My lovely wife Dorothy, March 1976.
My lovely wife Dorothy finally finished a project that she's been planning for years: to organize all those old photographs, boxes and boxes of them, that we've been accumulating in our basement for over a quarter of a century. Most of these pictures are filled with smiling babies, smiling toddlers, smiling little kids, and smiling adults. The rest of these pictures are filled with non-smiling adolescents. Non-smiling, sullen, disaffected, alienated-looking 10- to 20-year-olds. Some of these were our own children. Some of them were relatives. Some of them were even us.
There must be something wrong with us, I remember thinking. Where is the joy of youth, the carefree spirit of eternal promise? Is there something inherently depressing about our family?
Then I discovered we were not alone. I discovered bershon.
Bershon was first introduced to a wide audience by writer and blogger Sarah Brown, who remembered it as a word from her own teenage years. Her definition is still the best:
The spirit of bershon is pretty much how you feel when you’re 13 and your parents make you wear a Christmas sweatshirt and then pose for a family picture, and you could not possibly summon one more ounce of disgust, but you’re also way too cool to really even DEAL with it, so you just make this face like you smelled something bad and sort of roll your eyes and seethe in a put-out manner.
What a relief! So it's not an obscure affliction limited to subjects of the pictures in our basement. Bershon is everywhere. There's a Flickr group called I'm So Bershon, and there it is, over and over again. "Every photo of me from high school can be summed up in that one word," says Heather Armstrong at Dooce. When Finslippy's Alice Bradley heard about bershon, her mind flashed back to her own adolescence, "when I was so consumed with distaste for everything and everyone I was forced to live with or near that I could not wipe that look off my face, no matter how I tried. I think I even slept with it on."
On reading that the Department of Homeland Security would be searching for passengers with suspicious expressions like disgust, anger and sadness, Defective Yeti's Matthew Baldwin suggested, "In addition to having to forgo your iPod and hair gel you will now be required to check in your teen prior to boarding." Threat Level Bershon! Exactly. If any doubt whatsoever remains, simply rent a copy of Ferris Bueller's Day Off and study Jennifer Grey's performance. She conducts a virtual master class on the Fine Art of Bershon over the entire course of the movie.
Once I became aware of bershon, it was tempting to start classifying everything as bershon. But there are rules:
1. Babies with cranky faces are not Bershon. Bershon implies a certain self-conscious world-hating attitude that only develops with time and hormones. Little kids may appear to be Bershon, but we are projecting.
2. Photos of someone who is kind of uncomfortable but who is about to crack up are not Bershon.
3. People who are just bored are not Bershon.
4. People who are stoic are not Berson.
5. Old people, in general, are not Bershon, though there may be exceptions.
6. Animals are not Bershon. Animal are animals.
Although bershon can be experienced and expressed anywhere, it seems to be especially associated with the act of being photographed. ("God, will you please just take the stupid picture?") You don't have to be an adolescent to qualify. There are hundreds, if not thousands, if not millions of images of languid, bored, even stupefied-looking supermodels out there, all of them amply fulfilling the spirit, if not the letter, of the laws of bershon. And don't even get me started about author photographs. "John Updike, Bernie Siegel, David Halberstam, Dominick Dunne, Barbara Grizzuti Harrison and Caryl Phillips all lean forward uncomfortably, their chins or cheeks supported by a fist or hand. (Presumably their own hands, but who knows?)," Dick Teresi once observed in a New York Times story titled "Haul Out the Old Cliches, It's Time to Shoot an Author Photo." He concluded, "They all look like failed lounge acts appearing at your local piano bar. Mr. Updike appears ready to launch into an angst-laden version of 'Sometimes When We Touch.'"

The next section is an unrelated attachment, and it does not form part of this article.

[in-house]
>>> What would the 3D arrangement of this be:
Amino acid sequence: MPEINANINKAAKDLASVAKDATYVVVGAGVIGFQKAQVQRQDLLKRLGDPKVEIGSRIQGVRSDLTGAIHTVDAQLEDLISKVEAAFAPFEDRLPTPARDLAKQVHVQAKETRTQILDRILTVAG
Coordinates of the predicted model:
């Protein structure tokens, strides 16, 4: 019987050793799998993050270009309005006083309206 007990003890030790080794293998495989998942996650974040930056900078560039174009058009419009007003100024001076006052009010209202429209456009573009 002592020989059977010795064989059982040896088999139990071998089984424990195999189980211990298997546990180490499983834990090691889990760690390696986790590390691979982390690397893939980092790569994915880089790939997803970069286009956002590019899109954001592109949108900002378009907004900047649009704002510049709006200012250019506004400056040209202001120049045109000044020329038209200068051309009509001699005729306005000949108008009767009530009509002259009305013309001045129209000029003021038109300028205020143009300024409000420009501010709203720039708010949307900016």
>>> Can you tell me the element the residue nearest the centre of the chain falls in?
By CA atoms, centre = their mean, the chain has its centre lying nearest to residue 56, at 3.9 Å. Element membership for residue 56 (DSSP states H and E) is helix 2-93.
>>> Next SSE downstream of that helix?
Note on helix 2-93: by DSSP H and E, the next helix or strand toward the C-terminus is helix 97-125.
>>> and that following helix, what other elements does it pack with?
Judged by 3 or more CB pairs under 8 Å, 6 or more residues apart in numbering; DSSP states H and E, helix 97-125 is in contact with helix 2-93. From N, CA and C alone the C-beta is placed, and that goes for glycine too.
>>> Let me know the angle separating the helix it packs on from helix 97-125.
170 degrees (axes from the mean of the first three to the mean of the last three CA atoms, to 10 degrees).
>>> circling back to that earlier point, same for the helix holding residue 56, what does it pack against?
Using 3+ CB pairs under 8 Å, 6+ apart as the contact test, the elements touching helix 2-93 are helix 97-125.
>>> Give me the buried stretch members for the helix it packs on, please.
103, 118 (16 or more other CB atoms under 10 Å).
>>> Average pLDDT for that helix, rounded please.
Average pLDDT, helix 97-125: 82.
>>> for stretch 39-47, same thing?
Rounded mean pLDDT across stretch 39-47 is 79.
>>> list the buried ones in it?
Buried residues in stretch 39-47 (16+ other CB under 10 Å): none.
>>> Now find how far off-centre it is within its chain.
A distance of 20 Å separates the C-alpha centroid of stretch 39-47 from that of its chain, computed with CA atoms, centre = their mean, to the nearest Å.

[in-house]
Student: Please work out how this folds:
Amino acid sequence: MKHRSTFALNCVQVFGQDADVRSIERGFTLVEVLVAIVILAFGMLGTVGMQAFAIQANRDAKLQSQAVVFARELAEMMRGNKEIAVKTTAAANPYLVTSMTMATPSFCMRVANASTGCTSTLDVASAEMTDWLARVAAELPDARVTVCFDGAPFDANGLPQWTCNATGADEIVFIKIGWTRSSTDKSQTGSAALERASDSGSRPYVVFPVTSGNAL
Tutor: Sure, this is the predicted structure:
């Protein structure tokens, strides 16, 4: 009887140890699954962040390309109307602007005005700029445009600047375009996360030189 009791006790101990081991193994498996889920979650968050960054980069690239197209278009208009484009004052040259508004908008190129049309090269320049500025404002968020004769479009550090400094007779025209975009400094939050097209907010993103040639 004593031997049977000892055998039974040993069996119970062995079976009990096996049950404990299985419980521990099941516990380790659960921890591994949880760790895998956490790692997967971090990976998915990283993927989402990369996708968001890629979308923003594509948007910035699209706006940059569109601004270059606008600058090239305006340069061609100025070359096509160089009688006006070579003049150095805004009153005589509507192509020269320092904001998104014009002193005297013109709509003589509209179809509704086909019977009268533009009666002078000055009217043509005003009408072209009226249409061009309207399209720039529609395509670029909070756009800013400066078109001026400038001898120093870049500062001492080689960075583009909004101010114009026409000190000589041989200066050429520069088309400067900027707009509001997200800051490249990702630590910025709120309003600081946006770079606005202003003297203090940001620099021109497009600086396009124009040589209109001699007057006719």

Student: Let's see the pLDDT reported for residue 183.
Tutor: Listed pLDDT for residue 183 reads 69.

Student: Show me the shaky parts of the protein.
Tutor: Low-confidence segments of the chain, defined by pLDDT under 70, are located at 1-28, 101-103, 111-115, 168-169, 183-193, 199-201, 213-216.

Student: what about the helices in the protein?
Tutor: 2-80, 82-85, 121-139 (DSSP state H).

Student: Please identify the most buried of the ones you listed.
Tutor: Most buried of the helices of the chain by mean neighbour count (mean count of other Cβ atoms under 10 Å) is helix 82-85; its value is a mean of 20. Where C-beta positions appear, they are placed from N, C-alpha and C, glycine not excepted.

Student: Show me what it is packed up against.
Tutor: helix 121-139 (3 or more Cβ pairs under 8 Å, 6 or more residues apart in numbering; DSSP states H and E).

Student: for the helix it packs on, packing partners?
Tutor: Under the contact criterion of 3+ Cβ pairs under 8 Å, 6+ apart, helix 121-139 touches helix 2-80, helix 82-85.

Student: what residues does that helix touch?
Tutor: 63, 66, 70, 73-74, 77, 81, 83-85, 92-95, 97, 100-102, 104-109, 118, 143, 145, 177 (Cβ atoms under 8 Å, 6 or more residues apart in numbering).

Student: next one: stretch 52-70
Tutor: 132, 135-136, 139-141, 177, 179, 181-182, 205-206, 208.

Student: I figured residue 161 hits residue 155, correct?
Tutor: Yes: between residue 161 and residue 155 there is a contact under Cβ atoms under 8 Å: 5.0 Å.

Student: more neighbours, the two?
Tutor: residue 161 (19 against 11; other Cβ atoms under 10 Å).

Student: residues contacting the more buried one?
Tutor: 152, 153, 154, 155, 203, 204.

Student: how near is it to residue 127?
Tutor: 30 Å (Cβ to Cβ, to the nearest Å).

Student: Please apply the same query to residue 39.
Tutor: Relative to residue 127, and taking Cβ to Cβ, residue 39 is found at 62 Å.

In the days when I used to design corporate promotional literature, I used to dread the moment when we'd have to take the deadly CEO portrait. Titantic kings of commerce, totally in control in the boardroom and the executive suite, predictably would collapse into caricatures of rumpled unease before the camera, all the while grumbling, "How long will this take?" Herculean feats would be required to make these symphonies of corporate bershon ready for publication. I remember one group portrait for a well-known but volatile investment bank that required so much retouching and alterations — all in the days before Photoshop, mind you — that it may as well have been a picture of the Soviet Politburo leadership circa 1932.
But men — and boys — really don't have what it takes. Their way of dealing with a photograph is to scowl, or make a horrible face. Bershon, ultimately, is a girls' game. For its quintessence, examine one of the most famous examples of all, Robert Frank's photograph "Elevator — Miami Beach," which appears on page 99 of his landmark 1959 book The Americans. The vaguely exasperated look on the operator's face, her eyes just short of rolling, the unspoken message clear as a bell: Lord, get me out of here. Sexy, too. This is what every girl is going for when she goes for bershon.
And who can blame them? I leave you with the last sentence from the legendary introduction that Jack Kerouac wrote for Frank's book. "And I say: That little ole lonely elevator girl looking up sighing in an elevator full of blurred demons, what's her name & address?" So keep trying, girls. Right now you're surrounded by jerks. But somewhere there's a Jack Kerouac who's desperately trying to find you.